EXAMPLE V
A protective sealing composition is prepared u~ing the compounding and molding procedure of Example II, as applied to the following formula.

FORMULA D

Ingredients Weight (1) Propylene glycol (USP) 2.37 (2) Methylparaben 0.079 (3) Propylparaben 0.014 (4) Butylparaben 0.087 (5) Glycerin (USP, 99%) 46.45 (5A) Sorbitol (USP, 70~) 5.0 (6) Fumed silica 1.5 (7) Gum zedou powder 44.5 100.000 In mixing the foregoing ingredients, ingredients t5) and (5A), the glycerin and sorbitol, are combined as described for the glycerin, ingredient (5), in the pro-cedure of Example I.

EXAMPLE VI

A protective sealing composition is prepared according to the compounding procedure of Example II
using the formula set out below.

FORMULA E

Ingredients Weight %

(1) Propylene glycol (USP) 3.05 (2) Methylparaben 0.10 (3) Propylparaben 0.02 (4) Butylparaben 0.11 (5) Glycerin (USP, 99%) 59.72 (6) Fumed silica 2.0 (7) Sodium Carboxymethylcellulose 35.0 100.000 The sodium carboxymethylcellulose is CMC 7HOXF, supplied by Hercules, Incorporated, Wilmington, Delaware.
The molded rings or sheets are preferably cured by microwave heating.

EXAMPLE VII

A protective sealing composition was prepared according to the following formula.

`` 1148V83 FORMULA F

Ingredients Weight %

(1) Propylene glycol tUSP) 2.71 (2) Methylparaben 0.09 (3) Propylparaben 0.020 (4) Butylparaben 0.1 (5) Glycerin (USP, 99%) 53.08 (6) Deionized water 3.0 (7) Pumed silica 1.0

(8) Sodium Carboxymethylcellulose 15.0

(9) Gum karaya powder 25.0 100.000 In compounding the above ingredients, the same mixing procedure is used as described in Example II with reference to ingredients (1) to (5). Ingredient (6), the deionized water is then added, and the mixing is continued to produce a uniform mixture. Ingredient ~7), the fumed silica, is then dispersed in the liquid solution to form a uniform dispersion. Ingredient (8), the sodium carboxymethylcellulose is then added with continued mixing, and ingredient (9), the karaya is added last, and the mixing continued until a uniform gellable composition is obtained. The molding and gelling procedure is the same as described in Example II.

EXAMPLE VIII

Endurance and tack tests were conducted using the base formual set out below and amounts of fumed silica (Cab-O-Sil M-5) from 0 to 2.5%.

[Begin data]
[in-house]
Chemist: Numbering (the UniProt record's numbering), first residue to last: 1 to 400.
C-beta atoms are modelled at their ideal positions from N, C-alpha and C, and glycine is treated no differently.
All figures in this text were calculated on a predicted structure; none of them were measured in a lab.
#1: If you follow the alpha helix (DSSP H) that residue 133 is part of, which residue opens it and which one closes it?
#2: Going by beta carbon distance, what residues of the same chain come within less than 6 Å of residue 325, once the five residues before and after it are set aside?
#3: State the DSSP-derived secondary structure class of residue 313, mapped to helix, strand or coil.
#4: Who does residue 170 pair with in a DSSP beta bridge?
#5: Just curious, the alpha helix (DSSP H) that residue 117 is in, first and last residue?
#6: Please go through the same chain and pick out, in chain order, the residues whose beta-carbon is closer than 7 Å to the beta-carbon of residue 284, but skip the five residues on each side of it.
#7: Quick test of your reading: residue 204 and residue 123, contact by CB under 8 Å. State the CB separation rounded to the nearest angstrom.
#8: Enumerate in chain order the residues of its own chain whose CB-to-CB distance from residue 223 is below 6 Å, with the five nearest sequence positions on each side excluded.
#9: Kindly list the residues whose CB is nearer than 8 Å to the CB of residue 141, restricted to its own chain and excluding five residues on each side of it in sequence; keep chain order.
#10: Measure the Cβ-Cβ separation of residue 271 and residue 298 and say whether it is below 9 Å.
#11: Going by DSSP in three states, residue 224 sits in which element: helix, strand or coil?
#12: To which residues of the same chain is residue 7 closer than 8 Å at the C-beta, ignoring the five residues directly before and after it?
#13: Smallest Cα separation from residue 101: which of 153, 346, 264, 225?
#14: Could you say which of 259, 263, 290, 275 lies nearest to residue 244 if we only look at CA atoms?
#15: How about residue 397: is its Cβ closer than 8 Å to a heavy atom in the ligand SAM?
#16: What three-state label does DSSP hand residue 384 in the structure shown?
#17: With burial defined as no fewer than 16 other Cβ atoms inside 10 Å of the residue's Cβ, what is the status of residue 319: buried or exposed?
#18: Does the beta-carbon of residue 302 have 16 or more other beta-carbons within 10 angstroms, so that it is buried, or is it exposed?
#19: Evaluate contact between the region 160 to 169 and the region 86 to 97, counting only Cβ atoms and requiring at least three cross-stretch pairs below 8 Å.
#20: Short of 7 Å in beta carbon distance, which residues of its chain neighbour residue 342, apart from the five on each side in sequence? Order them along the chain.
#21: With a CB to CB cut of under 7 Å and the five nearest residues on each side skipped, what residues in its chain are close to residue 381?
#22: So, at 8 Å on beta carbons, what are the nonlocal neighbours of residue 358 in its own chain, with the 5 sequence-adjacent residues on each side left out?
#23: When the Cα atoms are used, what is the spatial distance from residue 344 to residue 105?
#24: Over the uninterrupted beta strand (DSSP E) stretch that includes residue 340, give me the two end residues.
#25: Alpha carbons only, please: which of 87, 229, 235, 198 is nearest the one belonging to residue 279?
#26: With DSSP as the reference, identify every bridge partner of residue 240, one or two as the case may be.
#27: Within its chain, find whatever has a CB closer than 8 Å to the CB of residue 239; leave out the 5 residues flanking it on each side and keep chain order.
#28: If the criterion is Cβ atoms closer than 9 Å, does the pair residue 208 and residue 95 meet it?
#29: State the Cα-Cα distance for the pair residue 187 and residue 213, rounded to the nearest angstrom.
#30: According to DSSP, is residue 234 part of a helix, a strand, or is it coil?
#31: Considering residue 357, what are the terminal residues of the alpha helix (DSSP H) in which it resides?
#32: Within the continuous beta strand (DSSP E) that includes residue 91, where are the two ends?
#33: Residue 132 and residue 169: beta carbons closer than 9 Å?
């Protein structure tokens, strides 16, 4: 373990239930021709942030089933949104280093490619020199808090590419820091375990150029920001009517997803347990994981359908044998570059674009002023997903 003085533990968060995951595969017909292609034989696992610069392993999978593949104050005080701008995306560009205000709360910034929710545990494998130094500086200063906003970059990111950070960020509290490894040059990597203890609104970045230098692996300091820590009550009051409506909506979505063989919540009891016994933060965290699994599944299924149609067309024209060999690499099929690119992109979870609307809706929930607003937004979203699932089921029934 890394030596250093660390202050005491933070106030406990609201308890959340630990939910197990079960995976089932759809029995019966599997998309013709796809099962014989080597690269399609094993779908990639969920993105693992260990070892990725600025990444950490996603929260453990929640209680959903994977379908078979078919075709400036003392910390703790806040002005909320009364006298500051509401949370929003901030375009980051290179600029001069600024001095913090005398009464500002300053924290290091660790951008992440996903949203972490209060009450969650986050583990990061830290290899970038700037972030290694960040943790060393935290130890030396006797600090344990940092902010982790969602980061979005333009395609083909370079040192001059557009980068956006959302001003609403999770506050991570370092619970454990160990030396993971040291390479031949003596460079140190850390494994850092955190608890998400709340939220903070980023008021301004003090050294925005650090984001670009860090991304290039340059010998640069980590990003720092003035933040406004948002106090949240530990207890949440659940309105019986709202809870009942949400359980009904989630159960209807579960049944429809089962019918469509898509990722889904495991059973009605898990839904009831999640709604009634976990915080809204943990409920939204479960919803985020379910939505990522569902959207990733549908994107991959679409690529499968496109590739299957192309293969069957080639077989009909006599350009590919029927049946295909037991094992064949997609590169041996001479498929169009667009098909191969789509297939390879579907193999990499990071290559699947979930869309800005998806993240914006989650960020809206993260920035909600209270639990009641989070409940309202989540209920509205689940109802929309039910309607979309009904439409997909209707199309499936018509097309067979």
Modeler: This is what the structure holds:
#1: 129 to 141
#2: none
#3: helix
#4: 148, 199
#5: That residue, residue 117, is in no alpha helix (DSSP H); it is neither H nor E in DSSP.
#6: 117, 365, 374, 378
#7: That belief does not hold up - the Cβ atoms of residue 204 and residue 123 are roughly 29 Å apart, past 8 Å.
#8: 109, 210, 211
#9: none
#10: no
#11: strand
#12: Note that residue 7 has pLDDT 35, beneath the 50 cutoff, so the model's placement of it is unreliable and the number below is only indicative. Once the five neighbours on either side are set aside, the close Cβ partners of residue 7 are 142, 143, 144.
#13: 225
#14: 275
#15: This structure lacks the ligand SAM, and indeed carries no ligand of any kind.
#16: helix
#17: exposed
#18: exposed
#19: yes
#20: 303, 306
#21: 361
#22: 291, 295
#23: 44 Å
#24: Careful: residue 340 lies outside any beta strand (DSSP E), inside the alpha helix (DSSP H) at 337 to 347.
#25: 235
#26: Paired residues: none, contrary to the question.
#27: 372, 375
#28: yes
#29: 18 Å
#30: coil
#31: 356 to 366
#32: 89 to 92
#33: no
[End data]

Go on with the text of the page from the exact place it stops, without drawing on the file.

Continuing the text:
"` 1148083 BAS~ FORMULA
Ingredients Parts by Weight (1) Propylene glycol (USP) 0.735 (2) Methylparaben 0.098 (3) Propylparaben 0.029 (4) Butylparaben 0.049 (5) Glycerin (USP, 99%) 49.04 (6) Fumed silica 0 to 2.5 (7) Karaya gum powder 50.0 For the endurance tests, the simulated intestinal fluid was prepared as described in U.S.P. XIX "Intestinal Fluid, Simulated, TS, " pg. 765 (1974). The simul~ted urine was prepared as described in Remington's Pharame-ceutical Sciences, "Urine," pg. 598-9, Ed 15 (1975). The dry and wet tack tests were conducted by a modification of the ASTM Method 02979-71, using a probe of 0.5 cm diameter.

The endurance test apparatus includes a tank for containing the simulated intestinal fluid or urine, and a plurality of tripod testing fixtures, which may be placed in the tank in contact with the solution. The testing fixture has a platform at the top with a sample-receiving recess. The center portion of the recess is cut-out to provide an opening through the platform. When placed in test position, the test samples bridge the openings. U-shaped weights are then placed over the samples. These weights are in the form of steel hooks weighing approxi-mately 7.4 grams. In use, the hooks are placed over the .

11~8083 samples so that when the hooks break through the samples they would fall freely through the openings in the plat-forms. Nylon strings are attached to the upper cross-arm portions of the inverted U-shaped hooks and the strings are attached to the operating levers of micro switches, the lengths of strings being selected so that when the sample is broken, the micro switch will be activated, and a timing clock for the particular sample will be stopped.
In starting the test, after the samples have been placed in the tank and the strings attached to the microswitch levers, the simulated urine or intestinal fluid is added to the tanks to a level above the position of the samples, and the timing clocks for each sample are started. The elapsed time for breakthrough of each sample is thereby automatically recorded.

The samples for the endurance tests were cut sections of rings molded from the formulas varying fumed silica content. Each test sample has a weight of approxi-mately 1.0 grams, and had an elongated shape. The center portlons of the samples engaged by the weighted hooks had dimensions of approximately O.I5 by 0.3 inches. The measured time for breakthrough was corrected by multiplying the measured time by 1.0 grams of the sample divided by actual weight of the sample. For the tack tests, cut sections of the rings were applied to test discs having a center opening through which the tack probe extends. Dry tack was deter-mined with the surface of the sample in dry condition, and wet tack was determined after the sample had been contacted witll water. The force re~uired to separate the probe from `` 1~48083 the sample was measured in grams, and recorded as grams per centimeter of probe diameter, which was 0.5 cm.
Replicate tests were conducted on each sample, and the values compiled as averages of five identical samples.

The results obtained by the endurance and tack tests are summarized below in Table A.

TABLE A

Endurance time Endurance time % Fumed in simulated in simulated Tack (qms/05 cm) Silica UrineUrine Drv ~et None 2.0 hrs.1.5 hrs. 216 324 0.25% Over 24 hrs.16.0 hrs. 342 406 0.5% 18.75 hrs.Over 24 hrs. 338 428 1.0% Over 24 hrs.Over 24 hrs. 246 312 1.75% Over 24 hrs.Over 24 hrs. 164 270 2.5% Over 24 hrs.Over 24 hrs. 100 270 EXAMPLE IX